Suzanne McKie QC provides evidence to the Women and Equalities Committee inquiry on sexual harassment in the workplace

Suzanne McKie QC provided evidence to the Parliamentary Women and Equalities Committee inquiry into sexual harassment in the workplace. Zelda Perkins, former assistant to Harvey Weinstein, was among the other witnesses present.

NDAs - Non Disclosure Agreements - have been used to prevent employees from reporting sexual harassment to the police and enabled individuals and organisations to avoid the consequences of repeated offences. The groundswell of public indignation over this abuse of power and position (that is reflected in #MeToo and has caused the spectacular collapse of the career of film producer Harvey Weinstein and others) has focussed the attention of our lawmakers on how well the rights of individual employees are protected in practice

Parliamentary Select Committees are the forum where MPs gather evidence and consult expert opinion to understand better how the law works at present and to consider whether changes need to be made.

As you will see from the clip below, Suzanne McKie QC is very clear on where she stands on this matter.

 
 

Is hugging a good thing to do in the workplace?

Suzanne McKie QC was featured in the Employment Solicitor’s article ‘Is it OK to hug at work?’. Suzanne’s view is that we should not be grieving about loss of physicality in the workplace. The article is available here.

NDAs and confidentiality agreements: Parliamentary inquiry launched

MPs have launched an inquiry into workplace harassment, with particular regard to the use of non-disclosure agreements (NDAs) in the context of sexual harassment.

Although this may be welcome, we have to be very clear about what benefits there are to claimants in the use of confidentiality agreements as part of a settlement following harassment and/or termination of employment following their being harassed. We should be slow to outlaw these, as claimants/victims should be given a choice as to what is right for them in order to move on and draw a line under the trauma. No victim should be forcibly prevented (directly or indirectly) from entering into a settlement agreement with the alleged perpetrator (or those liable for the perpetrator's actions). No victim should be criticised for refusing or not feeling able to litigate on the matter or report the matter to the police - to criticise them in this way places blame or responsibility (yet again) on the victim.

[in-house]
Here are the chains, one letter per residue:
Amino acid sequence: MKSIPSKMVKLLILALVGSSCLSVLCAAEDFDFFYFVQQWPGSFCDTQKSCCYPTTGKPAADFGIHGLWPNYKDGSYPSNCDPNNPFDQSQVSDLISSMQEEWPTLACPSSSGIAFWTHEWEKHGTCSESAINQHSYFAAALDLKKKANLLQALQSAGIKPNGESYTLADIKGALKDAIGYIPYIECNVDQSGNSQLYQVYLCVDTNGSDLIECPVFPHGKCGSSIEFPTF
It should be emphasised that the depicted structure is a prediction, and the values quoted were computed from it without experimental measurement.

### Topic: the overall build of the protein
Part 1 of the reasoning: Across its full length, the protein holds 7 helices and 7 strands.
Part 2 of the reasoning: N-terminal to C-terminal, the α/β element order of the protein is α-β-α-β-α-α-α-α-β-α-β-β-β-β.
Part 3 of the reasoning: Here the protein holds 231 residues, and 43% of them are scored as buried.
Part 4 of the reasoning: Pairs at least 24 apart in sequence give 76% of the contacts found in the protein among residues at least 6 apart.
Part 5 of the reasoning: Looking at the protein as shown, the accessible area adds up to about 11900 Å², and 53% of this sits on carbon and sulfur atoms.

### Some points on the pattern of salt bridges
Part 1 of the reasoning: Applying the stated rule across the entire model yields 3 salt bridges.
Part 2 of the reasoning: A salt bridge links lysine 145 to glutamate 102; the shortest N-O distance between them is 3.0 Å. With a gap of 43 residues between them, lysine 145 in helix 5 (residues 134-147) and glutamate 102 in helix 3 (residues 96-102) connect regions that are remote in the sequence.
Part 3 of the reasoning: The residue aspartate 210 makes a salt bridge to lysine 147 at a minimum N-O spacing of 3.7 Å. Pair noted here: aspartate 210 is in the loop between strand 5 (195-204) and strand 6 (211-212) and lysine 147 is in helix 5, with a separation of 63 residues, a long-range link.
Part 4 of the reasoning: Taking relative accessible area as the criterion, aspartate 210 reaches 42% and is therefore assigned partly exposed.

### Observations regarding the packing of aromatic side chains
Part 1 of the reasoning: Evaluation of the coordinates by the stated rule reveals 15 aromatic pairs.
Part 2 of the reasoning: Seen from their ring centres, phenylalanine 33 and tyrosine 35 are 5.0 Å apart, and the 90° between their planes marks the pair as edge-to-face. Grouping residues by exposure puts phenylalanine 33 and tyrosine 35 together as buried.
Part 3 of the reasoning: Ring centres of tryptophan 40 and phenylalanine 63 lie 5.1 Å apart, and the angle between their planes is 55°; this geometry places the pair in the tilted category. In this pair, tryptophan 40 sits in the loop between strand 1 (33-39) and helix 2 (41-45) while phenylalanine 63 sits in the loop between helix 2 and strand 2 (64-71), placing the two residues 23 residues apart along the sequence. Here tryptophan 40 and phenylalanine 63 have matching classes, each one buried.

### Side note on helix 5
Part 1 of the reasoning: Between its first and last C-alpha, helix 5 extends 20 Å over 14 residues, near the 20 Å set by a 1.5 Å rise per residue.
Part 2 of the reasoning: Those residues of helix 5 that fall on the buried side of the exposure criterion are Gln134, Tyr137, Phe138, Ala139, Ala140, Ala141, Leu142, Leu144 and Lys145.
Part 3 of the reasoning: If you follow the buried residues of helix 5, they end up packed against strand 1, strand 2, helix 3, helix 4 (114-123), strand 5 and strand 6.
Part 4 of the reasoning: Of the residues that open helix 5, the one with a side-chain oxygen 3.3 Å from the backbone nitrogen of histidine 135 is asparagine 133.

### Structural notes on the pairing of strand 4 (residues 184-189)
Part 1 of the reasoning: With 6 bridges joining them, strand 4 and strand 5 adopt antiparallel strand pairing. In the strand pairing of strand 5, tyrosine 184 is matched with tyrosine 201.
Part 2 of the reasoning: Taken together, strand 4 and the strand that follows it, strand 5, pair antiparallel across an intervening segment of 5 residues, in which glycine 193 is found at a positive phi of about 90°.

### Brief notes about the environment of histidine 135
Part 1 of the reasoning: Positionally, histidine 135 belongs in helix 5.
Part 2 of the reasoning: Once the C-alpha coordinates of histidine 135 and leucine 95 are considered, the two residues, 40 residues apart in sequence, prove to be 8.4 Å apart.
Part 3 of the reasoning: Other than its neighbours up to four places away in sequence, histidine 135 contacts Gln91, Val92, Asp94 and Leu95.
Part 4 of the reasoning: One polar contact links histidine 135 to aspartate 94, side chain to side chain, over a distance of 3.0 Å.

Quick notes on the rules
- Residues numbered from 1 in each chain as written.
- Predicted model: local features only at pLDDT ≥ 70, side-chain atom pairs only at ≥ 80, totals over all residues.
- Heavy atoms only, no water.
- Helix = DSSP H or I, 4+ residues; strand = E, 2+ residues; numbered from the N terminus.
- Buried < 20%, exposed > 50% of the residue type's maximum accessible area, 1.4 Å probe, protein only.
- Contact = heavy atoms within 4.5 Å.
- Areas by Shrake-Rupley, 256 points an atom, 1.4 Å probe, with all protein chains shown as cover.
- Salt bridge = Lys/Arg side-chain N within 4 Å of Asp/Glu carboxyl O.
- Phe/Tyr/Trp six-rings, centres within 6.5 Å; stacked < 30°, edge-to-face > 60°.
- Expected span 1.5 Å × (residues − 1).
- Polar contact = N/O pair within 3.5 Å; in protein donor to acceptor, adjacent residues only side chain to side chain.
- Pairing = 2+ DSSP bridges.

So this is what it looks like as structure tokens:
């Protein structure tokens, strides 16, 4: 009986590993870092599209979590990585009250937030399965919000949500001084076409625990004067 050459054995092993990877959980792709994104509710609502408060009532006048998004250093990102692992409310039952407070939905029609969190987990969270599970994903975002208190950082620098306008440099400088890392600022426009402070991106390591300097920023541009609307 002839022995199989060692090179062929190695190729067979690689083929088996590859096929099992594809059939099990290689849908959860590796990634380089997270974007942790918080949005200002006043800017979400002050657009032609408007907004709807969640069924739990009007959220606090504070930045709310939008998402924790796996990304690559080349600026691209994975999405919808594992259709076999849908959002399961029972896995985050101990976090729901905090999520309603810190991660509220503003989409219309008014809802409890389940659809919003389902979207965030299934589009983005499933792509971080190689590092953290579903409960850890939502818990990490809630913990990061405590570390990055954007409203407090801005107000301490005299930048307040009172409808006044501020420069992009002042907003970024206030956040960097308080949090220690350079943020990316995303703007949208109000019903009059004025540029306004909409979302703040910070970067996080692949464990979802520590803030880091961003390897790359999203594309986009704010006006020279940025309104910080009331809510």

See here for the relevant BBC article.


Sexual harassment in the news

There may be a number of reasons for the lack of details in press reporting of recent incidents of alleged sexual harassment. It is not easy to understand in each case what the alleged perpetrator is said to have done. The spectrum of what can amount to sexual harassment as a matter of law is somewhat wide.

But perhaps one lesson that the incidents we have heard about may teach us is that there is a need for much more detailed sexual harassment policies than you see today in many organisations. These policies very often do not contain a full and illuminating definition of sexual harassment – a few examples are really not sufficient to describe the many and varied ways in which words or actions can amount to sexual harassment. There should be extensive examples. 

In certain organisations where a high level of trust is involved you currently see policies that are very prescriptive about what those governed by the policies are allowed to do – a touch on the elbow may be acceptable but a touch on the shoulder not. Whatever you think about where the line is drawn, this approach at least provides certainty and that has a good deal to commend it and perhaps now needs to be adopted more widely.

The other way in which policies might improve is to emphasise that a person may be guilty of sex harassment where the effect is to create a hostile and intimidating environment, even where that was not the perpetrator’s intention – as such it is important that those reading the policy understand that the perspective of the victim is critical.

Lastly, another way in which many policies fall down is the lack of emphasis on the protection afforded by the law to the complainant – that is, that the law prevents the complainant suffering from detriment at the hands of the employer, public service provider, academic or training institution etc., where the complainant makes a complaint of sex harassment.

Those who may have suffered sex harassment need to be provided with much more information about the protection the law will give them - and the support and protection the organisation will also guarantee should a complaint be made, in every case other than where an allegation is false and made in bad faith.